German Pavilion at the 1929 International Exhibition
Av. Marquès de Comillas
Montjuïc
08038 Barcelona
Spain

Ludwig Mies van der Rohe

The original 1929 pavilion building, despite its enormous influence on the emerging International Style of architecture, was demolished the year after the International Exhibition when nobody wanted to buy it from the German Government. It was recreated in its original form and on the same site in 1981-1986 by the Barcelona City Council.

Kenneth Frampton describes the 'ambivalent and ineffable quality of its spatial and material form... Certain displacements in its volume were brought about by illusory surface readings such as that effected by the use of green tinted glass screens, to emerge as the mirror equivalents of the main bounding planes. These planes, faced in polished green Tinian marble, in their turn reflected the highlights of the chromium vertical glazing bars holding the glass in place. A comparable play in terms of texture and color was effected by the contrast between the internal core plane of polished onyx... and the long travertine wall that flanked the main terrace with its large reflecting pool. Here, bounded by travertine and agitated by the wind, the broken surface of the water distorted the mirror image of the building. In contrast to this, the internal space of the pavilion, modulated by columns and mullions, terminated in an enclosed court, containing a reflecting pool lined with black glass.'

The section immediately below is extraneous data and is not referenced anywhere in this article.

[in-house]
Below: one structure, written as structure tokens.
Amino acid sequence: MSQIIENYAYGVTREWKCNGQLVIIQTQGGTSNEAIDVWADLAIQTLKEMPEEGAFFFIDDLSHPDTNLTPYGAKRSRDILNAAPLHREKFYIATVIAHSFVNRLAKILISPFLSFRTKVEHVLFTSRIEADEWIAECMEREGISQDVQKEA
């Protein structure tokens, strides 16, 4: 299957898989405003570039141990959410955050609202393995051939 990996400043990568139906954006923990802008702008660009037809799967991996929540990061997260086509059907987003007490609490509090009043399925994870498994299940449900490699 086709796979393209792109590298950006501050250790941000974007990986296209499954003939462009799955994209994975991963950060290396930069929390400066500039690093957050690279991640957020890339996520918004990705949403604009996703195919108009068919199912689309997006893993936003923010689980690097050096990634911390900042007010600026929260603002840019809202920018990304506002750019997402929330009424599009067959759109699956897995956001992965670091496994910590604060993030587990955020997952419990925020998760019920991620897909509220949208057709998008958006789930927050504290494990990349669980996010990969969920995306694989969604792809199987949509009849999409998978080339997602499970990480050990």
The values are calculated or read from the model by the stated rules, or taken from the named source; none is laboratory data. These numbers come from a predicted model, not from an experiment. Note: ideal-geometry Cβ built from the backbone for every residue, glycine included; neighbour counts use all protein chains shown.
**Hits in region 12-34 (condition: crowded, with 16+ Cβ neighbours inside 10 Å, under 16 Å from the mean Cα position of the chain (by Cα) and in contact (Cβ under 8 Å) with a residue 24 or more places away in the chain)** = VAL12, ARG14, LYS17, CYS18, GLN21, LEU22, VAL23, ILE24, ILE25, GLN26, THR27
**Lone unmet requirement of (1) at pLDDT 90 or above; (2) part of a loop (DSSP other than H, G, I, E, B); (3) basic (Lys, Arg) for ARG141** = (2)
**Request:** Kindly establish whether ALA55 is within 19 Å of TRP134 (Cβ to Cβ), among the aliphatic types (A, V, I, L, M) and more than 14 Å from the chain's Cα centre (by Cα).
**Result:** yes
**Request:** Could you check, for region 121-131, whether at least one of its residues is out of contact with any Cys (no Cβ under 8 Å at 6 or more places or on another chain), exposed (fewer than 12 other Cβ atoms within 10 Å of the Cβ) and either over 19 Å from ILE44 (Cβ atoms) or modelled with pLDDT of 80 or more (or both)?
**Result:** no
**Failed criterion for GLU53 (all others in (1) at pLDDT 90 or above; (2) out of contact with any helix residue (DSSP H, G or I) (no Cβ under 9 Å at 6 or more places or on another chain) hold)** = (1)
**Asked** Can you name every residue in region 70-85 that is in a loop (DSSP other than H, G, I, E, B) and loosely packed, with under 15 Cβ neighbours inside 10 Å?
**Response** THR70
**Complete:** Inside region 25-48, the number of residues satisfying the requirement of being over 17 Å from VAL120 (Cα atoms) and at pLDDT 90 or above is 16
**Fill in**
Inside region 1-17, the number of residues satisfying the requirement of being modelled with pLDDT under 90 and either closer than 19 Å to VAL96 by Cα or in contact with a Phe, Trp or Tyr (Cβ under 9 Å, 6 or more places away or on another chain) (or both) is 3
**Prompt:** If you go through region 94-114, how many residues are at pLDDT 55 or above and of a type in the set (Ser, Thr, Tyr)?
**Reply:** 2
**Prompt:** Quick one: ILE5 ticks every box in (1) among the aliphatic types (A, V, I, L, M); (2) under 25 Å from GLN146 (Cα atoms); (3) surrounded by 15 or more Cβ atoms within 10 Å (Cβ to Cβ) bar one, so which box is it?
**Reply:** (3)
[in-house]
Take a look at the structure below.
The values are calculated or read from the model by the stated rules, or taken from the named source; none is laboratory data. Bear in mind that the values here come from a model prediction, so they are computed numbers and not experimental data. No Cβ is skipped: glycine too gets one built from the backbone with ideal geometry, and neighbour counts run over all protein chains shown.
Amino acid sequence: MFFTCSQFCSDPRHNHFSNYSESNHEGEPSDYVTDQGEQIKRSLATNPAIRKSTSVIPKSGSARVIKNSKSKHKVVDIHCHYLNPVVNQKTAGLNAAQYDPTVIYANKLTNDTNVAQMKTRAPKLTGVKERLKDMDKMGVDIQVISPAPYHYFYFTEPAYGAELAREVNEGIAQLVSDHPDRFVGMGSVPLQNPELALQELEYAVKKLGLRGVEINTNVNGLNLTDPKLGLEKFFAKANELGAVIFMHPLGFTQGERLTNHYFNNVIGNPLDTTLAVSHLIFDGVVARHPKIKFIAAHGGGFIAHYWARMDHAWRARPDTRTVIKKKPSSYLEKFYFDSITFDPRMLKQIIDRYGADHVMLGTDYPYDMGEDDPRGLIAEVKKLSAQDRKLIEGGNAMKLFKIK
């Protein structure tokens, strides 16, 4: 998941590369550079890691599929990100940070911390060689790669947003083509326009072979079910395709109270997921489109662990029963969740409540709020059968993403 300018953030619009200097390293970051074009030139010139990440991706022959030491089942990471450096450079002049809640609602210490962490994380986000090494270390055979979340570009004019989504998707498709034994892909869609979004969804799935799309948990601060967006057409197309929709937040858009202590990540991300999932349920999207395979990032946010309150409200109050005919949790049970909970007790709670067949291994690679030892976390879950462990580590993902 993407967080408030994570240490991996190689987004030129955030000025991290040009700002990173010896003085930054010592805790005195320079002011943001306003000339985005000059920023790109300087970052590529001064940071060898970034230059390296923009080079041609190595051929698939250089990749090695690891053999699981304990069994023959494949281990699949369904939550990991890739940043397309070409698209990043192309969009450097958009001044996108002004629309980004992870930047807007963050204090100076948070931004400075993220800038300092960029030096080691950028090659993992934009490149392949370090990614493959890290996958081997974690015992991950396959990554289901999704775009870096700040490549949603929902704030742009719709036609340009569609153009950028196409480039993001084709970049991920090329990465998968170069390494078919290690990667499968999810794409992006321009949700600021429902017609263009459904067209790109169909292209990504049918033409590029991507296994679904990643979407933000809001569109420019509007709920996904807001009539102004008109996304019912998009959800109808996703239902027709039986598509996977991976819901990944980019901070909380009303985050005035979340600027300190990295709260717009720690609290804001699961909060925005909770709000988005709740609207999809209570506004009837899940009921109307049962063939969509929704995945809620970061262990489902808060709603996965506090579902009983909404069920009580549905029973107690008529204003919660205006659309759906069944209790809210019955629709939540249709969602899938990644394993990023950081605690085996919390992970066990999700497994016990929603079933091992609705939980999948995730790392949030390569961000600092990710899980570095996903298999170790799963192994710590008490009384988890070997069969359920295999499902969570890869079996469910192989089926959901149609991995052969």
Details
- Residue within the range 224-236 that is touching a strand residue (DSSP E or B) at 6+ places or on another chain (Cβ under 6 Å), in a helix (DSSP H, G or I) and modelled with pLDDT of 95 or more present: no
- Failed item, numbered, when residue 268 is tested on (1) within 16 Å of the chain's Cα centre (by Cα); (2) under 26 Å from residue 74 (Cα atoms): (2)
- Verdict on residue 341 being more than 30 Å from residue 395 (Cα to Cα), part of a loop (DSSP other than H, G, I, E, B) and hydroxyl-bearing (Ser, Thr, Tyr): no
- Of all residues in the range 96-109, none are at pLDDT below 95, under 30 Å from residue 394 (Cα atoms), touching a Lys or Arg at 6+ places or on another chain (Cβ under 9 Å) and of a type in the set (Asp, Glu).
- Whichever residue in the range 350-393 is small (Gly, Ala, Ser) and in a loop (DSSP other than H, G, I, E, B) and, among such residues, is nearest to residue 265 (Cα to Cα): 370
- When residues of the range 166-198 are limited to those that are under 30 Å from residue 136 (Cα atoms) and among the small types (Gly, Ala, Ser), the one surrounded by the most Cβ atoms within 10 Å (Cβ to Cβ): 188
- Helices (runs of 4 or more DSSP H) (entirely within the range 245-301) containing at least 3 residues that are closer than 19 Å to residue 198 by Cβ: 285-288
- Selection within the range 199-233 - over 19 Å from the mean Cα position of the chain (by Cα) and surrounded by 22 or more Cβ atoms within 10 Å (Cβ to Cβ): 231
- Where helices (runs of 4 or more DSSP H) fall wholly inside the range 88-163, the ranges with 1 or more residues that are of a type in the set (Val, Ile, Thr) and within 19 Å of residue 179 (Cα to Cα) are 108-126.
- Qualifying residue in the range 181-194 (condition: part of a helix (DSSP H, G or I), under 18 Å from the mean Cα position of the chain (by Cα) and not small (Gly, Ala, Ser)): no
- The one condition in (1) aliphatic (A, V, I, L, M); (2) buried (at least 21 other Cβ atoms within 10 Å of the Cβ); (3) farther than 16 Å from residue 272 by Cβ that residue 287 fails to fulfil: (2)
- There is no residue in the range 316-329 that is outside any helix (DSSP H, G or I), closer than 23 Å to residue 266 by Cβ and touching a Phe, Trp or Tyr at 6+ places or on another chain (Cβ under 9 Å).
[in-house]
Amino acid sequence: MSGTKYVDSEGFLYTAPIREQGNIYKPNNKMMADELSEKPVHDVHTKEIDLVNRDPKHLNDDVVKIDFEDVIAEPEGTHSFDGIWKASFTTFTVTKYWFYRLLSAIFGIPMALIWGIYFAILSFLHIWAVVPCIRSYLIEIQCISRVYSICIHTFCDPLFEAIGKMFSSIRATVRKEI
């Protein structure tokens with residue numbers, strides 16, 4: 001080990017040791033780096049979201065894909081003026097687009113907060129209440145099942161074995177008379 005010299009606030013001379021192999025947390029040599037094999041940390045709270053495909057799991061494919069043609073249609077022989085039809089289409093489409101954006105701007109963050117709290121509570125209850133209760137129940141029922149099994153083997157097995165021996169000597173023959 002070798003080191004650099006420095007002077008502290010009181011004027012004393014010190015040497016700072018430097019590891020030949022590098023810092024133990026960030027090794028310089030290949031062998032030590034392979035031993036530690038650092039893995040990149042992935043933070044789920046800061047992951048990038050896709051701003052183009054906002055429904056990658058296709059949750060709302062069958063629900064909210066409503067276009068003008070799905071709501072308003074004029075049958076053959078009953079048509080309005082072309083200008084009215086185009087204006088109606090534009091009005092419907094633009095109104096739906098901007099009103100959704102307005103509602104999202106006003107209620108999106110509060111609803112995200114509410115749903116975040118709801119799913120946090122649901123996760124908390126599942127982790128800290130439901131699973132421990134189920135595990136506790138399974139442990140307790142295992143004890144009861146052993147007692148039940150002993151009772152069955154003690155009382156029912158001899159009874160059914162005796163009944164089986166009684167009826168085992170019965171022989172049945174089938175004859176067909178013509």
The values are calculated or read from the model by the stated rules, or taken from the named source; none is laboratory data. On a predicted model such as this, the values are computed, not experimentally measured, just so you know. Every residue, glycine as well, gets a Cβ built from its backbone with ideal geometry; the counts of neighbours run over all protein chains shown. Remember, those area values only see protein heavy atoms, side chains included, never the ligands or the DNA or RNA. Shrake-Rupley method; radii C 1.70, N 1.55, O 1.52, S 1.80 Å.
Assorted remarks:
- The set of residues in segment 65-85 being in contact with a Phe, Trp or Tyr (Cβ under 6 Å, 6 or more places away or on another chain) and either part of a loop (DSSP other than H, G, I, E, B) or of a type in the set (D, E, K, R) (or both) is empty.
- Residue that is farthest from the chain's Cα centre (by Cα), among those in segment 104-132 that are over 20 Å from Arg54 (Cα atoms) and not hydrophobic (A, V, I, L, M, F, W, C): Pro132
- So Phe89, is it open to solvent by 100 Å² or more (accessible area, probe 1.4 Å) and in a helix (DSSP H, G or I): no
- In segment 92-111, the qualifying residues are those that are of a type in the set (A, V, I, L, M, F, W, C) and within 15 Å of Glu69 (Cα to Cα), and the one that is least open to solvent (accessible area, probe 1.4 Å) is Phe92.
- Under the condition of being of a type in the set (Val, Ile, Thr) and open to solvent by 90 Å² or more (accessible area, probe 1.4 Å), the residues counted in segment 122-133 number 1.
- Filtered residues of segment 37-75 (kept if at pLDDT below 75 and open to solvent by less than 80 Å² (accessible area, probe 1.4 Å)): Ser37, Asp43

Despite its apparently simple rectangular plan, there are almost no corners in the building, or anything that might suggest you are in a box. The generous canopy roof, walls that stop well short of abutting one another, and the floor-to-ceiling glazing break down the distinction between inside and outside. Even the doors are in the form of two halves of an all-glass wall, which rotate not about hinges at their edges, but about a pivot in the floor and ceiling a few inches from the edge: the result is that when opened through ninety degrees each door becomes just another freestanding, parallel glass plane in keeping with the other planes defining the spaces in the building.

Along with Mies’ 1965 Neue Nationalgalerie in Berlin, the pavilion is considered one of the foremost examples of structural abstraction emblematic of the International Style.

Simon Glynn, 2001

 


How to visit

The pavilion is close to the magic fountain in the 1929 exhibition complex, which is a short walk down Avinguda de la Reina Maria Cristina from the Plaça d'Espanya. Metro lines 1 and 3 to Espanya station.

The pavilion is open to the public daily between 10am and 8pm. 

To check opening times telephone +34 93 423 4016.


Books and other web sites

Click the book title to view and to order direct from

 

0226740609_m.gif (13814 bytes) Mies van der Rohe: A critical biography
Franz Schulze

 

0393315045_m.gif (5721 bytes) The Master Builders: Le Corbusier, Mies van der Rohe, Frank Lloyd Wright
Peter Blake

A highly readable introduction.

 

The Mies van der Rohe Foundation maintains the building, and also its official website at www.miesbcn.com 


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